What Are You Thankful For This Year?

In an effort to create an atmosphere of being seated around a Thanksgiving table together, we asked each of the Kaleidoscope ladies what she is grateful for this year. If you know anything about our team, it's that we don't get to spend a lot of time all together in the same place. We have to settle for one team retreat/workcation per year and, if we're lucky, several opportunities to work together during certain conferences and events around the world. Because of this, we strive to create virtual spaces where we can be productive together and supportive of one another. This year, we wanted the chance to share what we're thankful for this week and every day. 

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What am I thankful for this year? My dogs. I'm so thankful for my dogs! Maybe not Lulu quite yet, because she's still a little bit part dog, part devil, but Ellie's an angel and I love her. Obviously David; I'm thankful for a rockstar husband who just supports my craziness in galavanting off to different countries and foreign states such as Alabama, and who is willing and joyful in letting me leave all the time. I don't want to just give the cheesy my friends and family speech. What else am I grateful for? An exciting new change that is coming up in the near future! 

—Sarah

I am also thankful for puppies, both young and old! This time a year ago, Sofie ate a good amount of chocolate-themed candies. Her tummy was huge and she wasn't eating her breakfast (which is how we know that something is wrong and that she is at death's door). Amid the hustle and bustle of Giving Tuesday, I took her to the vet twice, tried and failed to induce vomiting, and checked her in overnight. This year, she is happy and sniffy as ever and still as squiggly as the day she was born 12 years ago. Plus, this year I got to know Goose, who is a wire-haired pointing griffon and maybe the best dog I've ever met. I'm thankful for puppy love in all of its forms. I'm also grateful for parents and parent figures who keep taking care of their kids long after they've flown the coop.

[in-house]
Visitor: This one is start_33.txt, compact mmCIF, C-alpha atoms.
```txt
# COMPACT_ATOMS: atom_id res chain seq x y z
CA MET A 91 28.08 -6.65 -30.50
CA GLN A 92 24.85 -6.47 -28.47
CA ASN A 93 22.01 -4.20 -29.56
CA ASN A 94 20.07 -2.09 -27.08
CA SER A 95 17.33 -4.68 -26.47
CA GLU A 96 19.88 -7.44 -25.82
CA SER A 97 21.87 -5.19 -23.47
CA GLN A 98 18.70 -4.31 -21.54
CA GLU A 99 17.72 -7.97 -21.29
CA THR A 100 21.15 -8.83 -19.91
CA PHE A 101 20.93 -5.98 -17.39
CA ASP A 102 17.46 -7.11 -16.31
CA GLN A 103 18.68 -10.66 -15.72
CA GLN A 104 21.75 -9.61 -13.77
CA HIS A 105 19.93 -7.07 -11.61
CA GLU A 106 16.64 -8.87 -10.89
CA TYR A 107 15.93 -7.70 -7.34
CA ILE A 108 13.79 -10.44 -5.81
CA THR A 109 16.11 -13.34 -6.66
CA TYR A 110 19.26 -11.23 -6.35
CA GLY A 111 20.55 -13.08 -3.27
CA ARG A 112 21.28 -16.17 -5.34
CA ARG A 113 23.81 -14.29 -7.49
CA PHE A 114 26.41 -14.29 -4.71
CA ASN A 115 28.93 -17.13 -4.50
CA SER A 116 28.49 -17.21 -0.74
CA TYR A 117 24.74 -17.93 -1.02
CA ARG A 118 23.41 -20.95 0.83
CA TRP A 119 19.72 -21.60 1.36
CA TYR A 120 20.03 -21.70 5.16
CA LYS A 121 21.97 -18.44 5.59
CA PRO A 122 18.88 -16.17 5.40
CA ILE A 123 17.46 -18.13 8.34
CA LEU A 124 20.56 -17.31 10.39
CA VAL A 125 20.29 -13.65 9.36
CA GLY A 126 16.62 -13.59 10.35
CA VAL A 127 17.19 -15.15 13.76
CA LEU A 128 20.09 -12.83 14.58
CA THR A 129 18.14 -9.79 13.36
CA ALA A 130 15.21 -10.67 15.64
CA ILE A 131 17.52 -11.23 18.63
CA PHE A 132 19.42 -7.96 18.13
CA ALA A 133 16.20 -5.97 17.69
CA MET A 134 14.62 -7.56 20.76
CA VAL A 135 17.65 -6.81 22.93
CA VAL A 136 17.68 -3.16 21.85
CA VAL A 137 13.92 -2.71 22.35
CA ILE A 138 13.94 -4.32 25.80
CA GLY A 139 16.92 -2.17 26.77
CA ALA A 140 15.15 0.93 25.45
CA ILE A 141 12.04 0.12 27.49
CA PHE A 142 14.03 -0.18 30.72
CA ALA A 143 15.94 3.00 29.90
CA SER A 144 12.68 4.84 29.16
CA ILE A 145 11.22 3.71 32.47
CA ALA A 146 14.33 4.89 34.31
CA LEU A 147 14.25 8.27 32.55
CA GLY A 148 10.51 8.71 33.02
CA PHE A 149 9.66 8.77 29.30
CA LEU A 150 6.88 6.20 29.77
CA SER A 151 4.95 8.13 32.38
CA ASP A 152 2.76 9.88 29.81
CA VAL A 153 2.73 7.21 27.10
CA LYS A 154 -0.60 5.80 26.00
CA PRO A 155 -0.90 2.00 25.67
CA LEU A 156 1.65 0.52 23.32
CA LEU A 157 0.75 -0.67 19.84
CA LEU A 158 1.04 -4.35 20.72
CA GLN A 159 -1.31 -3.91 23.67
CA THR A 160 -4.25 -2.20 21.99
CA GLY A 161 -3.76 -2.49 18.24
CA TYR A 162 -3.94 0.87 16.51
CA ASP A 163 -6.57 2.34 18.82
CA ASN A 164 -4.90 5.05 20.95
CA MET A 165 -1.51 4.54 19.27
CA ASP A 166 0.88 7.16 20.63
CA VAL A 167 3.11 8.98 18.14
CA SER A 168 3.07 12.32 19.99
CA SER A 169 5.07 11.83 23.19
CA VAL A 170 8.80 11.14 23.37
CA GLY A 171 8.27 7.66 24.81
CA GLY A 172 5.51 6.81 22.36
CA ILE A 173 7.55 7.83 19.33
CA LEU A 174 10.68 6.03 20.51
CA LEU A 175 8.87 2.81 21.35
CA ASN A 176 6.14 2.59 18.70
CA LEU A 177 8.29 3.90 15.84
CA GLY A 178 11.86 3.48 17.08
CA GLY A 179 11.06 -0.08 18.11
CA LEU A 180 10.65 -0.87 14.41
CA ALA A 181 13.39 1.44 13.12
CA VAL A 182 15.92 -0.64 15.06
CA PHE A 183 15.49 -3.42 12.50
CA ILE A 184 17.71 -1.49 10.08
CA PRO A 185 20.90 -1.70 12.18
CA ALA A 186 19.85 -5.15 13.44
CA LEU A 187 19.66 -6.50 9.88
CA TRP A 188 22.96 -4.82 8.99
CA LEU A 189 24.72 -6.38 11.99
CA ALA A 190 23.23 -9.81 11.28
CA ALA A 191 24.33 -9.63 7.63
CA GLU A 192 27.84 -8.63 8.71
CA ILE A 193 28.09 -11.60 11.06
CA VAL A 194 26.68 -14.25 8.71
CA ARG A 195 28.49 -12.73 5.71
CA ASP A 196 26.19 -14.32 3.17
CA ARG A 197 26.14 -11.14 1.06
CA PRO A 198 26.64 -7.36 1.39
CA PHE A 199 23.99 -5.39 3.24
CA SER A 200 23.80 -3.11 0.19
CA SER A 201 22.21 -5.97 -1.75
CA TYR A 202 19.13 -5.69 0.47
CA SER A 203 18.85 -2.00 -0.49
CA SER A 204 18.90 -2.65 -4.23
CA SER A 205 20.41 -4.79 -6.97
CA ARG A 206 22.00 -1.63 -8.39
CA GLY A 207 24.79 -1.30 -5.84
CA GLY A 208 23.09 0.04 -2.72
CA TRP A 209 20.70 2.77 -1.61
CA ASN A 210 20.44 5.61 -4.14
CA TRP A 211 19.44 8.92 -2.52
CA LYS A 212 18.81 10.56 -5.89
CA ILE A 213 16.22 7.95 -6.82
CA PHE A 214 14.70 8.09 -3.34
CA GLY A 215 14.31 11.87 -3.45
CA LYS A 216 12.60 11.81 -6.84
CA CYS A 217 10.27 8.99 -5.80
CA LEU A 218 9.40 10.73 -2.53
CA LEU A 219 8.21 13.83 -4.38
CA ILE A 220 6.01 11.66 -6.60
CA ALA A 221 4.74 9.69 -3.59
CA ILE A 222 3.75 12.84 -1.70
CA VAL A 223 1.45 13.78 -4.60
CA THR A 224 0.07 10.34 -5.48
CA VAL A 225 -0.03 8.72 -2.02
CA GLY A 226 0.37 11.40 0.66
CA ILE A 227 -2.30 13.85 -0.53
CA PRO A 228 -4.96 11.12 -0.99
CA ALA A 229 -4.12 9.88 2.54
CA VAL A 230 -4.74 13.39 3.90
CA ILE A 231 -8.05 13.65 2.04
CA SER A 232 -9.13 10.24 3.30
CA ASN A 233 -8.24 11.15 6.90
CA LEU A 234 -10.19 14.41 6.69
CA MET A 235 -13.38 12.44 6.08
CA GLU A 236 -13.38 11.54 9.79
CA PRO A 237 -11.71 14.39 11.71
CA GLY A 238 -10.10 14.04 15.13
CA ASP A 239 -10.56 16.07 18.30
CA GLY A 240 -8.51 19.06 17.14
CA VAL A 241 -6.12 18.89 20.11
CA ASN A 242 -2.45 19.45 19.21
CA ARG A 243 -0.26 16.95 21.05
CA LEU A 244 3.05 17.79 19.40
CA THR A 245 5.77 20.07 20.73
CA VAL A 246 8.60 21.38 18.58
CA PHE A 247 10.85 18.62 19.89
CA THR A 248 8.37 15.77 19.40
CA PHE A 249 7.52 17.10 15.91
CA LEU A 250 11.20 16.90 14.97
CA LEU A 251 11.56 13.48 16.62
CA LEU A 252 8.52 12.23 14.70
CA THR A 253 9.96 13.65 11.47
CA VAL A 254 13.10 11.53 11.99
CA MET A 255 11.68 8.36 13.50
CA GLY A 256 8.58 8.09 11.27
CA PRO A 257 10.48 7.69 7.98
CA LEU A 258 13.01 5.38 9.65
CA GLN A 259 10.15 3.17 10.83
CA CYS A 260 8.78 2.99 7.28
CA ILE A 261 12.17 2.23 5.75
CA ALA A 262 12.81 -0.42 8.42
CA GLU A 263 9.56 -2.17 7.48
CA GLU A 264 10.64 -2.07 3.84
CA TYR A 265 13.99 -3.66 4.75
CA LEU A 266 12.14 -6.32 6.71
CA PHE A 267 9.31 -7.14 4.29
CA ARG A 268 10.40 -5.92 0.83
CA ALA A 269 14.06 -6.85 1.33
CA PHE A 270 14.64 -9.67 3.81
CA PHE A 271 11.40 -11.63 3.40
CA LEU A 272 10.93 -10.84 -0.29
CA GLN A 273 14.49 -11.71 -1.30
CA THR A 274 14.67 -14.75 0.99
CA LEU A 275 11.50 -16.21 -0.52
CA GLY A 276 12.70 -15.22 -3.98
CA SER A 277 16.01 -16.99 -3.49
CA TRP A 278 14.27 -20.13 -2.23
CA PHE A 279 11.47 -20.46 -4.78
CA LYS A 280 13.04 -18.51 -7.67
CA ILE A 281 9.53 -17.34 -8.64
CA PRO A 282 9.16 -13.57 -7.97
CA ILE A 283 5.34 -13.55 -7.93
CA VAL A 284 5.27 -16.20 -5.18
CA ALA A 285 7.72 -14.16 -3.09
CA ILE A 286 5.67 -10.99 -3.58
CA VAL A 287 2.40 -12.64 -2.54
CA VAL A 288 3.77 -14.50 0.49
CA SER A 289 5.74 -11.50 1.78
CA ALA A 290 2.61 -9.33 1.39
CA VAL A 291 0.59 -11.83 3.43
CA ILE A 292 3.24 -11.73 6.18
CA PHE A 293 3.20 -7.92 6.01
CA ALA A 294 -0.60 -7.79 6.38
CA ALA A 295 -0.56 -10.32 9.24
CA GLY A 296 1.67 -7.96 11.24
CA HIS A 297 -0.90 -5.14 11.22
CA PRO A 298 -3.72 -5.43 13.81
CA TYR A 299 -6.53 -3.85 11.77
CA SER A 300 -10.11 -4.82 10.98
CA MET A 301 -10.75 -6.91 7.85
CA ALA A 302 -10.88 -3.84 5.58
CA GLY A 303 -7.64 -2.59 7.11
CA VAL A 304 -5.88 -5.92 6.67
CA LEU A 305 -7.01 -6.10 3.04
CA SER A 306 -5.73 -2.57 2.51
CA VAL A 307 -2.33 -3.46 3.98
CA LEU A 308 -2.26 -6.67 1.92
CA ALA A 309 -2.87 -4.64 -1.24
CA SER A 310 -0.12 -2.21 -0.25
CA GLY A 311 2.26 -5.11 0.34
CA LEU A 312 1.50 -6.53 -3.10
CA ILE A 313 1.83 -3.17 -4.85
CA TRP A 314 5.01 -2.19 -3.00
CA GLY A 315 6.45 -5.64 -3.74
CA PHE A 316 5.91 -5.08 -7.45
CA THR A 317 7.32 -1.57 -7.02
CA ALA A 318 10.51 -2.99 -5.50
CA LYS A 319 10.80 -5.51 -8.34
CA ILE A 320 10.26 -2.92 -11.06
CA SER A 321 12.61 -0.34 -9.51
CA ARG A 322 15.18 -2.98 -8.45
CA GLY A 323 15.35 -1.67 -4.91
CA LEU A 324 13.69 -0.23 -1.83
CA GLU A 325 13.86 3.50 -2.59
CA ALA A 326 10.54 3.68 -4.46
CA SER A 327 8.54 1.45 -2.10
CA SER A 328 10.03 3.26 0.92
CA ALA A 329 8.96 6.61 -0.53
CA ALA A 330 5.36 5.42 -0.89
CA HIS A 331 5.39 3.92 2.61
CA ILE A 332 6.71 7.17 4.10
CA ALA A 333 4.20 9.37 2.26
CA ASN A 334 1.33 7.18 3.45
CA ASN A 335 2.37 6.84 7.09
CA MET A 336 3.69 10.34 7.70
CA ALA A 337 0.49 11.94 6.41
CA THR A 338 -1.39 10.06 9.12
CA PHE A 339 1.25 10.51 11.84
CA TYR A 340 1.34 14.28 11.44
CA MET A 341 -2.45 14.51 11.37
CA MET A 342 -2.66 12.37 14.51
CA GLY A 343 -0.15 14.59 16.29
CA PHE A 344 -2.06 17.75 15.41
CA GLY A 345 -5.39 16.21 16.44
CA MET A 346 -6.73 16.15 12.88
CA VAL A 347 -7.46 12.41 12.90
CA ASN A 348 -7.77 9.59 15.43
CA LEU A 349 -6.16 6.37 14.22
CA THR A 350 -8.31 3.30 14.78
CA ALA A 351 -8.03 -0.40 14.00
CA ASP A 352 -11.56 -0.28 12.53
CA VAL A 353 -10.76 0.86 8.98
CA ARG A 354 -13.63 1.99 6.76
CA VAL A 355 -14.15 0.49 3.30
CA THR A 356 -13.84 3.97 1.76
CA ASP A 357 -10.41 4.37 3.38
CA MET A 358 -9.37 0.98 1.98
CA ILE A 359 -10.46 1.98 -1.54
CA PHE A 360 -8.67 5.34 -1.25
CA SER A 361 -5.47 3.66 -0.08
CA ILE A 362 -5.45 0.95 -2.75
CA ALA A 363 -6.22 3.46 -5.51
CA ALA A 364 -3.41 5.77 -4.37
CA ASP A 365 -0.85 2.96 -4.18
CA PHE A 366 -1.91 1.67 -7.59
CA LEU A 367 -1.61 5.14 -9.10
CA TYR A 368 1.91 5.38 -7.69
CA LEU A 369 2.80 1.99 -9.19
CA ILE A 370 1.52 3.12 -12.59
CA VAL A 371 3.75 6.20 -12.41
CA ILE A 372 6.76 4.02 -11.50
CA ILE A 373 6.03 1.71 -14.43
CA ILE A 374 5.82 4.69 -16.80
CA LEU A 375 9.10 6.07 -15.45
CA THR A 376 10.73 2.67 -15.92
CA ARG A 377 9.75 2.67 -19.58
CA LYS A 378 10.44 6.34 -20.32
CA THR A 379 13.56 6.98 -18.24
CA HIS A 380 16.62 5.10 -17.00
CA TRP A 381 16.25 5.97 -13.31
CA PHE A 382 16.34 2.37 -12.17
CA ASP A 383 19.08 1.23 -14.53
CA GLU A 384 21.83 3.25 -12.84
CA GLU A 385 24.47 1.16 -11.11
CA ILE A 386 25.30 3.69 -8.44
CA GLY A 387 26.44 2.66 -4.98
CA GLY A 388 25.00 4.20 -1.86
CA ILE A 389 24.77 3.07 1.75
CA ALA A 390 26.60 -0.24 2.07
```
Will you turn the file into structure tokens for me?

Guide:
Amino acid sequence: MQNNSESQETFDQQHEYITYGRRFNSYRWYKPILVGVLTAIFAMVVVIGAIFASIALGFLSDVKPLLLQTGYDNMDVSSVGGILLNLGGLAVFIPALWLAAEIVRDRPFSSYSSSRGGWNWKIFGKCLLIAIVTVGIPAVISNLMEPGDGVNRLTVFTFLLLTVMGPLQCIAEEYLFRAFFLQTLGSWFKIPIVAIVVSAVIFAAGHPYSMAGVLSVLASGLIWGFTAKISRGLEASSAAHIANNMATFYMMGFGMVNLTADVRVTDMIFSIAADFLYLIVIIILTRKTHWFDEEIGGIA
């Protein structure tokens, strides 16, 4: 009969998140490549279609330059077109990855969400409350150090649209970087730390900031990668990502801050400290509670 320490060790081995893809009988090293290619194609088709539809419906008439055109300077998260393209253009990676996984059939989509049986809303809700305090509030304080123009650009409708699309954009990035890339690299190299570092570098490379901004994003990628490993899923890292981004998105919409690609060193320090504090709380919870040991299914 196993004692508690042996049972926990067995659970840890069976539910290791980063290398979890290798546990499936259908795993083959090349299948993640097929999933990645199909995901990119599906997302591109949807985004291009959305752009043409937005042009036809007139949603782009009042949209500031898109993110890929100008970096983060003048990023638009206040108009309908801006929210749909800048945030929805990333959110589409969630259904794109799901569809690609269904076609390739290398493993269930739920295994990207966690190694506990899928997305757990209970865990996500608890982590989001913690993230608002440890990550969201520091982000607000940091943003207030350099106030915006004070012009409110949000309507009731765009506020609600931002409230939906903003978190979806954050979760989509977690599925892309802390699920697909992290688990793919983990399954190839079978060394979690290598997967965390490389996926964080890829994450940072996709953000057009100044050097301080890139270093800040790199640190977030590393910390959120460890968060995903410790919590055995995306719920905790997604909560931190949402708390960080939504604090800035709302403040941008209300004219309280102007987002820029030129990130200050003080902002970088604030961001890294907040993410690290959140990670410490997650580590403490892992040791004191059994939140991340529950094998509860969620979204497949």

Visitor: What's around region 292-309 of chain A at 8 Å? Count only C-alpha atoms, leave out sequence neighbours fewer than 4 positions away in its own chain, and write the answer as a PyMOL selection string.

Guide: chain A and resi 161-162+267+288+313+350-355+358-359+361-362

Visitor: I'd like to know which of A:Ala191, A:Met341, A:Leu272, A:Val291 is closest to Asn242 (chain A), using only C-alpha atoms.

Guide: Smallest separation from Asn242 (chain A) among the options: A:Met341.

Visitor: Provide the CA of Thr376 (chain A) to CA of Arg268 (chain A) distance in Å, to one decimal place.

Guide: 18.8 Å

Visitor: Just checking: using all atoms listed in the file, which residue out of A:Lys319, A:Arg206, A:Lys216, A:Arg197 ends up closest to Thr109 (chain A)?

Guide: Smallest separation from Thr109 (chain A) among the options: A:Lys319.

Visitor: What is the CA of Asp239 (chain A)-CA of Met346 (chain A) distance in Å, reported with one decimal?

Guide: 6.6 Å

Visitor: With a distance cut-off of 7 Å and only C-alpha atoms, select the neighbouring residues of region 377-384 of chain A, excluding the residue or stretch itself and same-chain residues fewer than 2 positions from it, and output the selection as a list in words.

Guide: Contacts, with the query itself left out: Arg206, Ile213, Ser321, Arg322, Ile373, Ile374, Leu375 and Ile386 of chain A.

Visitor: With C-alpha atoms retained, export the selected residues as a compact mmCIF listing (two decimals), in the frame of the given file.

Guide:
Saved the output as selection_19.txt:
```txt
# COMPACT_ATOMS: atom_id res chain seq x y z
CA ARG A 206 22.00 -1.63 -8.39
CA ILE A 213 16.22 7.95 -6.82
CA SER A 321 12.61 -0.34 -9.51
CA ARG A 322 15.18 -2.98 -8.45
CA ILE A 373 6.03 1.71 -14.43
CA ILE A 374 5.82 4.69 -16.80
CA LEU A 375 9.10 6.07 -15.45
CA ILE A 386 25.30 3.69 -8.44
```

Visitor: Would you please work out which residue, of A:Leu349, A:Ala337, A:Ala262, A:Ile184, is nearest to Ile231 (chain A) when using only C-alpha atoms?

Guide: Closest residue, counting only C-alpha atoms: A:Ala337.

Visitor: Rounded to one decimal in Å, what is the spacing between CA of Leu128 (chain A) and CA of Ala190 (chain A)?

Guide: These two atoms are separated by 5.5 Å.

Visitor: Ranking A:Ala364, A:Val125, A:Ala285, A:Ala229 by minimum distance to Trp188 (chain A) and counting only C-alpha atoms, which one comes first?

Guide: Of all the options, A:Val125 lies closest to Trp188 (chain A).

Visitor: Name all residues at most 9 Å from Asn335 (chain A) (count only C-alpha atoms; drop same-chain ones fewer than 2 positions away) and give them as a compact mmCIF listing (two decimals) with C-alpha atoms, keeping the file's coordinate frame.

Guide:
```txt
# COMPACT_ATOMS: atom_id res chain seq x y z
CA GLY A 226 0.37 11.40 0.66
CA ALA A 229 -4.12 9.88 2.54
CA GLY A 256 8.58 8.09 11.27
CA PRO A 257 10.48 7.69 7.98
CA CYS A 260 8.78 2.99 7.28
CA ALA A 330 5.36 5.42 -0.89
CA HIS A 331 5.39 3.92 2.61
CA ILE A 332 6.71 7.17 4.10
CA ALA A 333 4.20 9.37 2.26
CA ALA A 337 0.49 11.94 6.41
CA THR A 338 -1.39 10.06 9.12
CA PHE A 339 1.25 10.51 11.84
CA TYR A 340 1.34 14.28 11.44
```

—Grace

This year I think the biggest thing that I'm thankful for is the adventures that I've gotten to take and the  community that has grown out of them. There's been a lot this year: lots of new places and lots of new experiences, both personally and with Kaleidoscope, and there have been lots of new friends that have come along with that. My community both here and far away is growing as a result of these new exciting experiences and adventures, and I'm so thankful for that.

—Alex

There are about 1000 things that I’m thankful for this year. As always, the first thing that comes to mind is the people who have supported me and Kaleidoscope through everything. I talk a lot about our community and our Kaleiders and how thankful I am for them, but there's kind of an unspoken support group that I don't mention very often who have felt very close and meaningful, especially in some of the growing seasons of this year. They are my very dear friends who I have never met before: the authors who write on leadership, business development, personal strengths, business, and life as a whole. They’re the men and women who have chosen to share their lives and lessons with those of us who are trying to learn from them and have given us the inside scoop on the vulnerable moments, great lessons, and incredible insights from their own journeys. Throughout this year, through some big question marks, trying to learn to lead the core team better and train up our Kaleiders better, I have felt so grateful for these wise voices in my life. Great authors of great books who are willing to share the lessons they’ve walked through include: Brene Brown and her challenge to be a daring, brave, and vulnerable leader; Jon Acuff's tools on managing your time and energy and finding joy in the little things;  Bill Hibles' lessons on the power of words and finding the right way to communicate vision to those around you; and so many other wise men and women who have honestly felt like friends, family, and personal mentors by getting the chance to read their books and learn from them. I'm grateful for them and I highly recommend these books on your journey, as well. 

—Jessi

What are you grateful for this year? 

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7 Books to Satisfy Every Mood of the Average TCK

Alright guys, let’s be honest. The moods and emotions of someone who grew up overseas are turbulent and ever-changing. One day, we’re so well-adjusted and content with where we are in life and in the world (“Mature adult who doesn’t have any emotional baggage from a lifetime of goodbyes? That’s me!”). The next day we’re suddenly making a bee-line for the airport with a backpack of necessities and the cheapest international economy ticket on the market (“Just kidding. Get me out of this black hole of domestic American living.”).

Okay…maybe it’s not that extreme (for some of us). But TCKs and travel-lovers alike are definitely subject to some emotional, flighty tendencies. Luckily, there are a few stories that have calmed me down on my more extreme “I-don’t-belong-here” days. So, here it is: a list of seven books to satisfy the quirky moods of a TCK.